- Barcelona legend Carles Puyol is giving back to the game
- He's a key figure in the FIFA Legends programme, helping FIFA develop football
- "It (football) made me the man I am today," he says in exclusive chat
“I want to give back to society what football has given me,” Puyol says matter-of-factly. “It made me the man I am today.”
This is the ethos that makes Puyol a key figure in the FIFA Legends programme. The group of former top level players from across men’s and women’s football are global representatives of FIFA’s efforts to develop football, and help promote fair play, respect, equality, solidarity and peace. The 2010 FIFA World Cup™ winner is a perfect example of these qualities.
“Not everybody is fortunate enough to achieve what I was able to,” Puyol said. “It was undoubtedly my parents and my upbringing that taught me about being hard but fair, and about being humble about all that you have achieved.”
When pressed about the qualities that make a top level player, Puyol extolled the oft-repeated Barcelona mantra of being just one cog in a well-oiled machine.
“You have to give your all, that’s true,” Puyol said. “But that’s not enough. You have to be part of a team. There’s no room for egos – either on or off the pitch. You can only achieve great things as part of a team. Everyone in the team has to give everything, and also be in the form of their lives. Only then do you have a chance.”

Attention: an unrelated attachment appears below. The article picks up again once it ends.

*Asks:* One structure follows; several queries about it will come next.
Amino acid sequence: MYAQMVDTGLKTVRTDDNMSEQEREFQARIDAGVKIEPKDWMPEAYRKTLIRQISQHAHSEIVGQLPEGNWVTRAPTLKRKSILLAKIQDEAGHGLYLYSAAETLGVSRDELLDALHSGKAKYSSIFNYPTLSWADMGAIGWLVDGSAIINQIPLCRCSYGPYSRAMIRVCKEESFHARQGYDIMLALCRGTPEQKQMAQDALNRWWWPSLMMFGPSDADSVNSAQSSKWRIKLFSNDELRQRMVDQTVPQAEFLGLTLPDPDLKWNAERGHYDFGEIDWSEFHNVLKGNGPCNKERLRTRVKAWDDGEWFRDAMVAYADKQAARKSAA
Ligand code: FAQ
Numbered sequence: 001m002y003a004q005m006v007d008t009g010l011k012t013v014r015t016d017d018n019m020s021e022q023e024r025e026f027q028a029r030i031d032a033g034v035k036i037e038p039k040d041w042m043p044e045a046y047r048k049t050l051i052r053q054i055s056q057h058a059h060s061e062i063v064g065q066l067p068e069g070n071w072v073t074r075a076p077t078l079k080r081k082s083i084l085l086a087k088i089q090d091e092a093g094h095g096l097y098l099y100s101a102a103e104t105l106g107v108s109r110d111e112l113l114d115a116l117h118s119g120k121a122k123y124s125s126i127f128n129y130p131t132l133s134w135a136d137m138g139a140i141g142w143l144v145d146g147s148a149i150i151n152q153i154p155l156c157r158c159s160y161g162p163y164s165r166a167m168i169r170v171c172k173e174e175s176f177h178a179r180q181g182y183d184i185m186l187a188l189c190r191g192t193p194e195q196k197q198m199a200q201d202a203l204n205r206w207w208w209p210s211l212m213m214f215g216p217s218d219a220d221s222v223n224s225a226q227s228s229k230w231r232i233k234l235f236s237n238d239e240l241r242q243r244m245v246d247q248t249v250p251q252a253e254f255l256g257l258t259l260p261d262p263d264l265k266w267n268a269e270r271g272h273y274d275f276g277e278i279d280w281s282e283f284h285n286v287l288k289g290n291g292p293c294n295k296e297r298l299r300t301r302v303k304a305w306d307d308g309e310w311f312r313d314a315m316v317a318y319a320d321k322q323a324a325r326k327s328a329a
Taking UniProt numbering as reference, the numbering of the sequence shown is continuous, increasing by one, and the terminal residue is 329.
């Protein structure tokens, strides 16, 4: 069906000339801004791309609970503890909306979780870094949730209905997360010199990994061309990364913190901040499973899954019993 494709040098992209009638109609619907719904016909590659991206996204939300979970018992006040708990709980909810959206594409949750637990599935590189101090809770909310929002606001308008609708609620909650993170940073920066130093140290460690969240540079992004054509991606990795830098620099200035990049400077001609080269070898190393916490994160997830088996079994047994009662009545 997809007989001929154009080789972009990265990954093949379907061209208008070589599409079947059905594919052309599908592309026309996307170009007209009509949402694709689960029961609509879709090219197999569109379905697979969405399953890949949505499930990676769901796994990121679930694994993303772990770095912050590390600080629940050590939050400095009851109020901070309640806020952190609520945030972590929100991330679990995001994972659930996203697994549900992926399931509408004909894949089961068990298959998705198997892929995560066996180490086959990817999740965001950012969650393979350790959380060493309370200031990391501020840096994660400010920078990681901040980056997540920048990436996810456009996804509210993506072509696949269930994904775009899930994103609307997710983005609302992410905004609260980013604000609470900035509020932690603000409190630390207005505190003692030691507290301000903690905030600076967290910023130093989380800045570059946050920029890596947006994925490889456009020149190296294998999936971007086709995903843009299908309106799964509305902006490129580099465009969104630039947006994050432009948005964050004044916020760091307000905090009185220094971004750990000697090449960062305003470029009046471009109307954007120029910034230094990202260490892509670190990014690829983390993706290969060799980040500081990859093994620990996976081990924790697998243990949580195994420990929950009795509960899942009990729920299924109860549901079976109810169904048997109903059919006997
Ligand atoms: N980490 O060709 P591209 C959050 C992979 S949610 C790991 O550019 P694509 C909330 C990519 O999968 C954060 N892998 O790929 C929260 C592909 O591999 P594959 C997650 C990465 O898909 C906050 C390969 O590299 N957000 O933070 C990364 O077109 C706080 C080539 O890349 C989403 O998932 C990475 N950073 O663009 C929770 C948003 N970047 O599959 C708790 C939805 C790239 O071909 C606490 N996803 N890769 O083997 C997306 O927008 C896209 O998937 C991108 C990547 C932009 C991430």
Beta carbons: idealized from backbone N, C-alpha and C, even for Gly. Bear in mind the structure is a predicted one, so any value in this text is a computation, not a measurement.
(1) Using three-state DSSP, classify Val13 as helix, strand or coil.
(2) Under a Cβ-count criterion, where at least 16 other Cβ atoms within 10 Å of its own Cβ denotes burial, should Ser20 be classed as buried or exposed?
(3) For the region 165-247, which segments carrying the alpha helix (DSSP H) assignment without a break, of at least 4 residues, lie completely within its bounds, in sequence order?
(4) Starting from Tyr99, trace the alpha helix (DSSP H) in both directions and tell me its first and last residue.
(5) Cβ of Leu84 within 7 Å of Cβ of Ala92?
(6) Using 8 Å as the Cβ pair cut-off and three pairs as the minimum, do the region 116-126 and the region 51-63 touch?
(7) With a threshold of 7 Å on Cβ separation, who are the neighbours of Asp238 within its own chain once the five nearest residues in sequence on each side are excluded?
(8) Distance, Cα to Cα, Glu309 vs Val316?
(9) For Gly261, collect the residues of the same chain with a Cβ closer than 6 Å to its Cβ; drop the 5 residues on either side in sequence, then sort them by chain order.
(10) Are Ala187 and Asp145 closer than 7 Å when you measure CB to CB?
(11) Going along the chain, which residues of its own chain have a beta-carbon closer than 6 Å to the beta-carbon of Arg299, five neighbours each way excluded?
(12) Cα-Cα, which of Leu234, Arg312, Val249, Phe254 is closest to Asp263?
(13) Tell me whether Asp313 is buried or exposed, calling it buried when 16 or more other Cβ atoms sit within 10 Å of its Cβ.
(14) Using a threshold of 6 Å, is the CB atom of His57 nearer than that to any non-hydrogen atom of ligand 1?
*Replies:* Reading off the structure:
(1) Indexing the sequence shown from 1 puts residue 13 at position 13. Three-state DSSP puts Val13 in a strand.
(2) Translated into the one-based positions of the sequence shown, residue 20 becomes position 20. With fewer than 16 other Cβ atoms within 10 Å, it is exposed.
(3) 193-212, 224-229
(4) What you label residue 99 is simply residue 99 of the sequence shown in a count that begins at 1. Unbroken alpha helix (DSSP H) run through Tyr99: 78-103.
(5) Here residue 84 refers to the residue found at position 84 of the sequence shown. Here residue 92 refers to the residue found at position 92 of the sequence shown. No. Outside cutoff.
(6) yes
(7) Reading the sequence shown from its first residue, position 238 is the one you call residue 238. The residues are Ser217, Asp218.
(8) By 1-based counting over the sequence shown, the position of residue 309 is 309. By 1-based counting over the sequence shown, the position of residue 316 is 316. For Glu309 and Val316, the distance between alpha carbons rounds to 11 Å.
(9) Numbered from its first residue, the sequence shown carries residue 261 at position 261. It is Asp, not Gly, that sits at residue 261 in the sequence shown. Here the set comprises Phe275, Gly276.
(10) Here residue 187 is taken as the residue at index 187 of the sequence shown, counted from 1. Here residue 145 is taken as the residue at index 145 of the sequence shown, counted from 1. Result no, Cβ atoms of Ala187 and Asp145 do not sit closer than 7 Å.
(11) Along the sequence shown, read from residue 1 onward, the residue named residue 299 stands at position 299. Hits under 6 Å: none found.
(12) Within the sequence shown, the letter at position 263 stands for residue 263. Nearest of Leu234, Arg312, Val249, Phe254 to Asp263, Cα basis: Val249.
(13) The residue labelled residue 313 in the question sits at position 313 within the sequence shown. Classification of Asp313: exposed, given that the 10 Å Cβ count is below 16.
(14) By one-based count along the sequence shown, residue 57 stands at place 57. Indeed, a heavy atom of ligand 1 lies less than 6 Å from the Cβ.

Life as a FIFA Legend
Puyol has quickly and naturally slotted into his new position as a role model for young footballers all over the world. When he talks, people listen.
He travelled to India ahead of the recent FIFA U-17 World Cup and as soon as he arrived, he was mobbed by fans. Wherever he went, crowds would follow. Ticket sales soon went through the roof too. All of a sudden, the U-17 World Cup received a boost in terms of its profile and status, as did the issue of football development in India.
It is not just India that has benefited, however, as he also travelled to Russia ahead of the FIFA Confederations Cup to draw attention to the volunteers programme and to publicly thank the many volunteers from Russia and beyond, to give them the recognition they so richly deserve. Later, when media reports suggested that the pitch at the new Krestovsky Stadium in Saint Petersburg would not be ready for the opening match, Puyol headed back to Russia.
He stepped out onto the pitch himself and, at a press conference later that day, insisted that the pitch was already ready for action – even in 15 minutes’ time, if need be, swiftly putting an end to all speculation once and for all. In December 2016, he also accompanied FIFA President Gianni Infantino to Brazil to attend the funeral service after the tragic Chapecoense plane crash in Colombia.
Giving something back
As we sit and chat, young and old wave to Barcelona’s sporting icon from the pavement, and others ask him for a selfie. Puyol – of course – is only too happy to oblige with a smile.
In their eyes, he can not only see their joy and delight at their unexpected encounter with a living legend, but also their gratitude. Puyol made people happy with his performances. They will never forget that. But people here also appreciate all of the work he does for the greater good.
“At the end of the day, football is for footballers,” Puyol said when asked about his role in the FIFA Legends programme. “We have the experience and we’re willing to give it all to FIFA.”
If Carles Puyol, a man who won everything there is to win in the game, can give as much to the game after hanging up his boots as he did during his storied playing career, then the FIFA Legends will have the best possible example to follow.